But now any similar future requests will immediately lead to pushback and a retelling of LinkedIn’s bumbled approach. Although this still must be a tempting request for the authorities - would anything be more pleasing to them than ridding social media of all pro-Tibetan independence posts?

Tibetan Singers Imprisoned by the Chinese for .... Singing..

— Thom Yorke (@thomyorke) December 14, 2013

But the authorities larger misstep might just be in the heavy-handedness of their approach. There are few foreign internet success stories in China and the LinkedIn debacle has added to that misery. The alternate approach is just as dim. Google stands at the opposite end of the spectrum as a company that tried different approaches to China. But all signs now point to them having given up on making progress in China.

Google: "There's nothing wrong on our end" - Shenzhen court accepts #China censorship lawsuit via @nyt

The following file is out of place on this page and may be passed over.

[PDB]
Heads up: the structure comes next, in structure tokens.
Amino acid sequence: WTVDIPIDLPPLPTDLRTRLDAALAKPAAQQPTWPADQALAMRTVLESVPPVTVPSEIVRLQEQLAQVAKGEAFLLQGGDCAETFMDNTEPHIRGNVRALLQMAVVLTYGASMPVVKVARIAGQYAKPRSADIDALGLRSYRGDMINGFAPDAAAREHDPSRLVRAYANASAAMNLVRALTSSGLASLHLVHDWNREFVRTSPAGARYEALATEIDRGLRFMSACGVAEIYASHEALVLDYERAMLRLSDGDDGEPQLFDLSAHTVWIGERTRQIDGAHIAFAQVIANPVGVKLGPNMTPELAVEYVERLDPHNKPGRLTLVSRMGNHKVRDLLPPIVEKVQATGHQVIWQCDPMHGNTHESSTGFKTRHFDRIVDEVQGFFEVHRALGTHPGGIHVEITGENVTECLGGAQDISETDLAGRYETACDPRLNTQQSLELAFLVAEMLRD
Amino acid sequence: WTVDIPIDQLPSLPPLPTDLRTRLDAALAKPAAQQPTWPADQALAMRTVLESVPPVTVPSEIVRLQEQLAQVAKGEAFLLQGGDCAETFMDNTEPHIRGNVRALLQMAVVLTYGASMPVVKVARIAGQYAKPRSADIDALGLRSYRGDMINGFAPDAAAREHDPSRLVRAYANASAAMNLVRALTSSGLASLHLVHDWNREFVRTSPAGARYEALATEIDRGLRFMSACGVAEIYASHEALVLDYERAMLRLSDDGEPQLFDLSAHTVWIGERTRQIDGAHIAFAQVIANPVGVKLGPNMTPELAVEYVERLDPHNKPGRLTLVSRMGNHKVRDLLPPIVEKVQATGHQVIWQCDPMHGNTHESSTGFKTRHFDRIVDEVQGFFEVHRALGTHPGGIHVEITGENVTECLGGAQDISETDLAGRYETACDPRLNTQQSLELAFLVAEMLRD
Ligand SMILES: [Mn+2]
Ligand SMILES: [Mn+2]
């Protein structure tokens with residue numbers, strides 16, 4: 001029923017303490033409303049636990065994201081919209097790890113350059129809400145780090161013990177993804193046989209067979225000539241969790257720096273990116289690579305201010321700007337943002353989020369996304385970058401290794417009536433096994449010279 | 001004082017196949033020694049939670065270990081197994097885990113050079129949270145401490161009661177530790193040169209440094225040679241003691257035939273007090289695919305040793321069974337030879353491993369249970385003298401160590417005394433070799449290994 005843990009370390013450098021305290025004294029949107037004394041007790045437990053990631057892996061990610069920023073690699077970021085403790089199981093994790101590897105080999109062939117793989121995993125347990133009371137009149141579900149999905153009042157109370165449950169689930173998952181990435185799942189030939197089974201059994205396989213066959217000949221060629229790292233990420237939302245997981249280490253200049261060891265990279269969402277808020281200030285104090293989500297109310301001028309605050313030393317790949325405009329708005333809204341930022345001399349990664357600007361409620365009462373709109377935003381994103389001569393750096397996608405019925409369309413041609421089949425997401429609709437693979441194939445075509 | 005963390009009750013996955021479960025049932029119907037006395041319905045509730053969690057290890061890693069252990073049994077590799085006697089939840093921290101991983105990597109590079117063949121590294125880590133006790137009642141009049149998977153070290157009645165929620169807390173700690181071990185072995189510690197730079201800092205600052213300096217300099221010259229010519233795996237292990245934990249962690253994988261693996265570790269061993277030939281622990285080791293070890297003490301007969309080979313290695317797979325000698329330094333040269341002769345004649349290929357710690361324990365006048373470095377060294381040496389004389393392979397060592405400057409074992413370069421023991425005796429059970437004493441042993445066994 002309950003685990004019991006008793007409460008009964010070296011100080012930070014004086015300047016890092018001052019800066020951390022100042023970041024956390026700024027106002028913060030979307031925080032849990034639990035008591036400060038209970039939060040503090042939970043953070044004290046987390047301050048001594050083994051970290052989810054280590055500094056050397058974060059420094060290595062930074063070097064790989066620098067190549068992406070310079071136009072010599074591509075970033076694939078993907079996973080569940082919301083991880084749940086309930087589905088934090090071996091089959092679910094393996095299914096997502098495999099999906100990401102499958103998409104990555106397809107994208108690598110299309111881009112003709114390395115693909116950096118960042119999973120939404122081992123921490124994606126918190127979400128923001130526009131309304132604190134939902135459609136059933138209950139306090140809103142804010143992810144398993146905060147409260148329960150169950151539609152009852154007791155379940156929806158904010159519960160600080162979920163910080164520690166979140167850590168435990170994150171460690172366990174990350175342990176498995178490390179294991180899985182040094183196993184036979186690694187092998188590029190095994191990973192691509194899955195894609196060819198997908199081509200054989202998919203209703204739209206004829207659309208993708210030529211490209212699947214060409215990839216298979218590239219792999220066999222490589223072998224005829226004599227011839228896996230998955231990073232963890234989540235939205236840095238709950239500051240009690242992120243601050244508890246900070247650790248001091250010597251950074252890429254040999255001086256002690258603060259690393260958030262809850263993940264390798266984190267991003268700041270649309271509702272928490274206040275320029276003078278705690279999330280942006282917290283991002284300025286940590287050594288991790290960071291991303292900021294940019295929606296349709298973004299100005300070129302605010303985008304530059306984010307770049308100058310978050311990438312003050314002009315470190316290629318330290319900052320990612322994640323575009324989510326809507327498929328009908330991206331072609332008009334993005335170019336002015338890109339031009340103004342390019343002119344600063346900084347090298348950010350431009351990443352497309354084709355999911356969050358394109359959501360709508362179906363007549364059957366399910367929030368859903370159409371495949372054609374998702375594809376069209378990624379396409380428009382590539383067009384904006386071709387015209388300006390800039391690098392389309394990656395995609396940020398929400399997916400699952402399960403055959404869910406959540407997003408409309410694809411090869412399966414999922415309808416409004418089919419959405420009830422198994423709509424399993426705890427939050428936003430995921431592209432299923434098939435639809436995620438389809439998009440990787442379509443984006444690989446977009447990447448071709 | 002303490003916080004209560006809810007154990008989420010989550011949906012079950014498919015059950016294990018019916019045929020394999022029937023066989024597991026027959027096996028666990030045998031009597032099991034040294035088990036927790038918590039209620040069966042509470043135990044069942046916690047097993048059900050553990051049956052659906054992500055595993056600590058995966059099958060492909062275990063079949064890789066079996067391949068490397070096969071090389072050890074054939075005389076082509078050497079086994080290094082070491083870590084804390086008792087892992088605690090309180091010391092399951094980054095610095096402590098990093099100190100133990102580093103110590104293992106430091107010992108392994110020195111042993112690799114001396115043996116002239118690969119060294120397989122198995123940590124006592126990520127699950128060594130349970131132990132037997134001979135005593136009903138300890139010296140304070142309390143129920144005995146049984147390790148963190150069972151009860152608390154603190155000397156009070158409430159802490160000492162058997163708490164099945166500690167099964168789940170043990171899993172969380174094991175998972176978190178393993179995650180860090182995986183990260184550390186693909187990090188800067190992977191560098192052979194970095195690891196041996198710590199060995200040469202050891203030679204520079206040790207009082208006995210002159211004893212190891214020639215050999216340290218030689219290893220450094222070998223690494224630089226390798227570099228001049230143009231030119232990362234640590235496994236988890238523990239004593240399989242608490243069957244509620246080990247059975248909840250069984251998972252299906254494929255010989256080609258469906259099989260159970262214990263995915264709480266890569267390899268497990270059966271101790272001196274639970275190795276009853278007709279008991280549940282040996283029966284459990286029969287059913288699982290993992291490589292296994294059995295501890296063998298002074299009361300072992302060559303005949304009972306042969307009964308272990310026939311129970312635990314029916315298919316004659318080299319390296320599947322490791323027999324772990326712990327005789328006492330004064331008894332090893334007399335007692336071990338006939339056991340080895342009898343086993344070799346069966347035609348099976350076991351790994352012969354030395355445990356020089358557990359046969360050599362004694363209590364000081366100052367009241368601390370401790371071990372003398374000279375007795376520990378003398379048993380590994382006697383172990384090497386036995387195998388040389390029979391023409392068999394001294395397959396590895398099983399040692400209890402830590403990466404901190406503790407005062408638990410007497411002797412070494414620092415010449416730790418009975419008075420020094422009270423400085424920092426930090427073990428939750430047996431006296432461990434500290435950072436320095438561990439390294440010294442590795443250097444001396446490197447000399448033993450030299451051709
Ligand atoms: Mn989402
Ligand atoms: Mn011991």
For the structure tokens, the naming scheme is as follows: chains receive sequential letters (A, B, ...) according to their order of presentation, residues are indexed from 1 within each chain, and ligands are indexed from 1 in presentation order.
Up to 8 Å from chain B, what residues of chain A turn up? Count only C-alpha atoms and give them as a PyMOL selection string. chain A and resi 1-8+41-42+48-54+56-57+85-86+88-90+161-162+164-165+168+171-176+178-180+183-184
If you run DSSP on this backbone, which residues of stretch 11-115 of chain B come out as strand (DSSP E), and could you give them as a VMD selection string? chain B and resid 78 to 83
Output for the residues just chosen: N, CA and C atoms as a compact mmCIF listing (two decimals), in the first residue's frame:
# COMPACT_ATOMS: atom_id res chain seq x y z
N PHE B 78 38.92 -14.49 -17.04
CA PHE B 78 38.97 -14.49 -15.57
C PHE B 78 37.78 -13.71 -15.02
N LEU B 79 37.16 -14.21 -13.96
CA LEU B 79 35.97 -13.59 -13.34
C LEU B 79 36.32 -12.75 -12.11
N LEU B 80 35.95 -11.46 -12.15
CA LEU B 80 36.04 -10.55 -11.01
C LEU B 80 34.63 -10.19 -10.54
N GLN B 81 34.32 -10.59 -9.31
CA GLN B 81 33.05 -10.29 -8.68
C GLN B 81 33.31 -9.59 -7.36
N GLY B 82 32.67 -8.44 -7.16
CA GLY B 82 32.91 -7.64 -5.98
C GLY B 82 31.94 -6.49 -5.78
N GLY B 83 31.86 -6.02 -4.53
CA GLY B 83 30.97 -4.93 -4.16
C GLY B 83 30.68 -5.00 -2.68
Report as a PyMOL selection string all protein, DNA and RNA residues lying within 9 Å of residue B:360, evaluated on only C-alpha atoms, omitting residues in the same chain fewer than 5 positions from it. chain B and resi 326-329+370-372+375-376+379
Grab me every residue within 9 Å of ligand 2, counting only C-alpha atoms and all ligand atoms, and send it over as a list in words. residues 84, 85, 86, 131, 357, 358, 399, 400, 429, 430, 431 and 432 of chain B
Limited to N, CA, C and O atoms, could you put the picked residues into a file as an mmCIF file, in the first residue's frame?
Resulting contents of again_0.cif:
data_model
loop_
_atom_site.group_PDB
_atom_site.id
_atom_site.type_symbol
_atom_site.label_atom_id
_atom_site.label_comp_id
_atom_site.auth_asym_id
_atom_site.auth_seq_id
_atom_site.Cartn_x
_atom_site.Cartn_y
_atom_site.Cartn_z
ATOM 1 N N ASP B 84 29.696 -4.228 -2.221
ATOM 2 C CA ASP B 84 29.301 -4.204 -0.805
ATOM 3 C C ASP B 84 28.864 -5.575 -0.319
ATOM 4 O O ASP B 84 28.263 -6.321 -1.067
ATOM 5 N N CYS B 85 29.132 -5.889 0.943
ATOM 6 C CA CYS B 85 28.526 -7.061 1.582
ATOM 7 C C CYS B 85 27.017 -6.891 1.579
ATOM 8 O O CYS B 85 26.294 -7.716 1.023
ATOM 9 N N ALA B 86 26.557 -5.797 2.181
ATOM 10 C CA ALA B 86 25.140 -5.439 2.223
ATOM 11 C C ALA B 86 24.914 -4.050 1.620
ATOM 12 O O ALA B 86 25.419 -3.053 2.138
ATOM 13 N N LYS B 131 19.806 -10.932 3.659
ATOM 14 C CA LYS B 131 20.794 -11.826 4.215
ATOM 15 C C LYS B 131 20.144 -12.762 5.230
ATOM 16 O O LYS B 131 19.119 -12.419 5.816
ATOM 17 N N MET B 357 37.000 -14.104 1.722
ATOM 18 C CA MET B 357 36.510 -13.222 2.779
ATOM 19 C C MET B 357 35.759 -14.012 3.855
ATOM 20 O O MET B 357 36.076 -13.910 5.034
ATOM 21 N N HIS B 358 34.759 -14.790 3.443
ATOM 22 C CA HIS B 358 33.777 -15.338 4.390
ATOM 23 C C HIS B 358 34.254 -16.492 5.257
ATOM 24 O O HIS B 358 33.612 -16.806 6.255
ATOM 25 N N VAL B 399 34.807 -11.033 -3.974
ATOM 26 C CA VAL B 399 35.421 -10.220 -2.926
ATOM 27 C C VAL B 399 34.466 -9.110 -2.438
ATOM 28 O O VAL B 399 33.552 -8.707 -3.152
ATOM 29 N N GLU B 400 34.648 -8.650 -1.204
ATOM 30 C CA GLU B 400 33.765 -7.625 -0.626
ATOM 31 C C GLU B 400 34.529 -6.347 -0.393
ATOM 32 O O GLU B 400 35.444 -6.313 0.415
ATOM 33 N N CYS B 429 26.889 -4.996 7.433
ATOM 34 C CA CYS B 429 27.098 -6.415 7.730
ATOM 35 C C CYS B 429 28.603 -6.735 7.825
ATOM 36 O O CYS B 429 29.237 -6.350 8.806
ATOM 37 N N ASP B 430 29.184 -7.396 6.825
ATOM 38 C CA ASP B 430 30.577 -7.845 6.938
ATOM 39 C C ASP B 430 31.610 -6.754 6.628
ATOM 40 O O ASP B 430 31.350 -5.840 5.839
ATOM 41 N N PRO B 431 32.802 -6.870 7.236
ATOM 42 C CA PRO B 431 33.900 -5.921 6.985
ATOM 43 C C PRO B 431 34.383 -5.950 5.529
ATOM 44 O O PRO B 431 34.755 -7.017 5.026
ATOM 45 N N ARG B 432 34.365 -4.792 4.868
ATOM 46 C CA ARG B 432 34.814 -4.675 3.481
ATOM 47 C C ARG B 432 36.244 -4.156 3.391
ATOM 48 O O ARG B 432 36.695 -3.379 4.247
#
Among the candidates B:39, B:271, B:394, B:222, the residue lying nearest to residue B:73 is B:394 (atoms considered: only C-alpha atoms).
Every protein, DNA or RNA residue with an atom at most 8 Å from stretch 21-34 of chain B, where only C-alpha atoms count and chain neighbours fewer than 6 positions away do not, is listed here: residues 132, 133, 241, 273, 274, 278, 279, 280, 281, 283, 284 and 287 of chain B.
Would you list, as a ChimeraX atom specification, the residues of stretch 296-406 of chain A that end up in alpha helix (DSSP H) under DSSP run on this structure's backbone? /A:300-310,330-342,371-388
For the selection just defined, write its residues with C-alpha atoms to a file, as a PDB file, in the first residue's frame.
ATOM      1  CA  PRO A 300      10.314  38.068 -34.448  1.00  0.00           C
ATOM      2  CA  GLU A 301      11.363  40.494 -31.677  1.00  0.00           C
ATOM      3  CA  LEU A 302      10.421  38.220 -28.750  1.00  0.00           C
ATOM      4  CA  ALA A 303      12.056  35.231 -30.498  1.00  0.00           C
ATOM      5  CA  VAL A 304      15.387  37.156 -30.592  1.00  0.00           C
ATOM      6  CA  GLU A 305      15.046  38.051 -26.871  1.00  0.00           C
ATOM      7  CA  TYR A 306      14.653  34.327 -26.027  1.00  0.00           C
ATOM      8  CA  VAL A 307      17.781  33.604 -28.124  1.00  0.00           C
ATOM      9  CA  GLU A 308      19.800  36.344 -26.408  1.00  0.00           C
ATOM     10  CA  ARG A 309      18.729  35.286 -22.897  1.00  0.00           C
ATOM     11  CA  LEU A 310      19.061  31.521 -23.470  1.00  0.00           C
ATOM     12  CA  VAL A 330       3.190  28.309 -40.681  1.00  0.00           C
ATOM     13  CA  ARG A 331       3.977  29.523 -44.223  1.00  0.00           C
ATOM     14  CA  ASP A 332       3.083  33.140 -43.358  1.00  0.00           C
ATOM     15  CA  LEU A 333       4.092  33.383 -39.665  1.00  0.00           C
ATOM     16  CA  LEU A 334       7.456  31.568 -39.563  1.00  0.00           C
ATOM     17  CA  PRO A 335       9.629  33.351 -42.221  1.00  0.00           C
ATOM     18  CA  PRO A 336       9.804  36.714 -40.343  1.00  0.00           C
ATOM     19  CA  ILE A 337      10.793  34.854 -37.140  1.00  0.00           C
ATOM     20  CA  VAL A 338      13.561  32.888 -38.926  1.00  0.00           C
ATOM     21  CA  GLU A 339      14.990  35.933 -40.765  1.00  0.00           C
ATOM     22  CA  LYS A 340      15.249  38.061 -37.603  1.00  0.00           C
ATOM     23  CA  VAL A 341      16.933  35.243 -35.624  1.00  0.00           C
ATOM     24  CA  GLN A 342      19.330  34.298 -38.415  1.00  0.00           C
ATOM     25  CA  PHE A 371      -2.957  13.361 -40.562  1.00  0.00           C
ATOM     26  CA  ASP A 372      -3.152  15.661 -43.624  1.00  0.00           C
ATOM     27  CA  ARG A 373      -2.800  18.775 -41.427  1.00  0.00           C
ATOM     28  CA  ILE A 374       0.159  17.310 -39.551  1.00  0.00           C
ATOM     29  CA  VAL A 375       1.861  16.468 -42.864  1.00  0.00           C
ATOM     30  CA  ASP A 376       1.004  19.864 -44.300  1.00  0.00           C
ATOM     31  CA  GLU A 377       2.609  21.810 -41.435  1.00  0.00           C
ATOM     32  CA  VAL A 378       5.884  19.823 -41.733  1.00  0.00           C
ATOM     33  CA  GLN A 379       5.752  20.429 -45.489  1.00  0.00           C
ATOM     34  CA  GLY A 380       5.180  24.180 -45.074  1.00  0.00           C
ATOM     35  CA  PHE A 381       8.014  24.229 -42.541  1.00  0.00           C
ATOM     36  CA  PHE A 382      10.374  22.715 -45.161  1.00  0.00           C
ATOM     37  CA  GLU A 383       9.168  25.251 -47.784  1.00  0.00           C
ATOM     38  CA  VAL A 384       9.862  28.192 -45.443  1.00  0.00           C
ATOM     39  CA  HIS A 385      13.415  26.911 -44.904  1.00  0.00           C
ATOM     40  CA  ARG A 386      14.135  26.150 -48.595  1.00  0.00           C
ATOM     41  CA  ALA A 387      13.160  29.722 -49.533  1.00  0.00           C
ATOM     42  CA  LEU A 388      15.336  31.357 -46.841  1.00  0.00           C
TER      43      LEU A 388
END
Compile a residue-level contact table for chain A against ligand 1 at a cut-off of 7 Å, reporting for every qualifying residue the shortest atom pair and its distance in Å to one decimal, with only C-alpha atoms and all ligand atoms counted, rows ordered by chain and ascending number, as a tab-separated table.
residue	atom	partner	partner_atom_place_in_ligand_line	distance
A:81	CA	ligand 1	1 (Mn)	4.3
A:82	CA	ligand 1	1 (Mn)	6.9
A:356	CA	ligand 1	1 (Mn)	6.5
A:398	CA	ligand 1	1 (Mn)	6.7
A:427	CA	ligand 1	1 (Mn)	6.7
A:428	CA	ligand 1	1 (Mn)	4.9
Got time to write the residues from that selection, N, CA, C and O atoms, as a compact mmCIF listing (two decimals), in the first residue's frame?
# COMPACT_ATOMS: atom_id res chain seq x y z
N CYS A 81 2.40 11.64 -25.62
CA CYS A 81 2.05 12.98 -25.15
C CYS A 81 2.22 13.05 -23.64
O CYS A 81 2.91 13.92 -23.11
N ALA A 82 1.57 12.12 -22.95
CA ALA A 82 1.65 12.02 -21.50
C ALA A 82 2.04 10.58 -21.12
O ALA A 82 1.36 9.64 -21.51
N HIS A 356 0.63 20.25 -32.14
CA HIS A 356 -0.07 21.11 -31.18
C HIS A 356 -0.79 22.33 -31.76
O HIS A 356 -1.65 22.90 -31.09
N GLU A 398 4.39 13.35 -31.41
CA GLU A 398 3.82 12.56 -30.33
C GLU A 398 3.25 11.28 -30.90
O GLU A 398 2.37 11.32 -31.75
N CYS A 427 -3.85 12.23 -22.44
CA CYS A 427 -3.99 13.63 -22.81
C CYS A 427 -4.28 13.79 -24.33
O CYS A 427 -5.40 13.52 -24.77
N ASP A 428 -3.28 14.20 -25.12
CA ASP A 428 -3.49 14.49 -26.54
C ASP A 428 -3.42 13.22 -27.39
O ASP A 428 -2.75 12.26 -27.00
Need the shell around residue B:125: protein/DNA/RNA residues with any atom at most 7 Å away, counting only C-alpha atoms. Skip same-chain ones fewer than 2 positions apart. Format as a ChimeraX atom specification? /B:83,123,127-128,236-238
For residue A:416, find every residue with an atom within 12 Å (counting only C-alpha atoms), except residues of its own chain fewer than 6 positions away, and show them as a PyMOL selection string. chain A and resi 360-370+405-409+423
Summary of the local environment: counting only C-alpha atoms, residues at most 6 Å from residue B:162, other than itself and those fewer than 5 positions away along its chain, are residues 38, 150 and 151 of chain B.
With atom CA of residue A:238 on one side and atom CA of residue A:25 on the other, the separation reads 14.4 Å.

— Kieran Maynard (@KieranMaynard) September 8, 2014

But the authorities may have shown their cards too soon. Two foreign internet giants are standing in the wings watching closely. Neither of the above approaches seems appealing and only the hopelessly optimistic continue to say that “the situation will change, slowly, for the better, just wait and see”. Working with the authorities has proven fruitless.

The situation is not changing for the better. More websites are being blocked, domestic censorship is increasing and the Edward Snowden revelations have just served to entrench China’s decision-makers.

But China’s success in creating domestic internet giants is not exactly as it seems. These internet giants still rely on the global internet infrastructure if they want to serve customers in China and abroad. China’s leading companies leverage global cloud services providers to deliver web content quickly around the world.

At, we are staging a battle for internet freedom in the cloud. Since we launched “FreeGoogle” in June of this year, the authorities have made consistent daily attempts to shut us down, all without success. To the contrary, our “FreeGoogle” site is used by tens of thousands of Chinese each day, we continue to free blocked content and we are seeing more instances of individuals unblocking their own websites using our technique.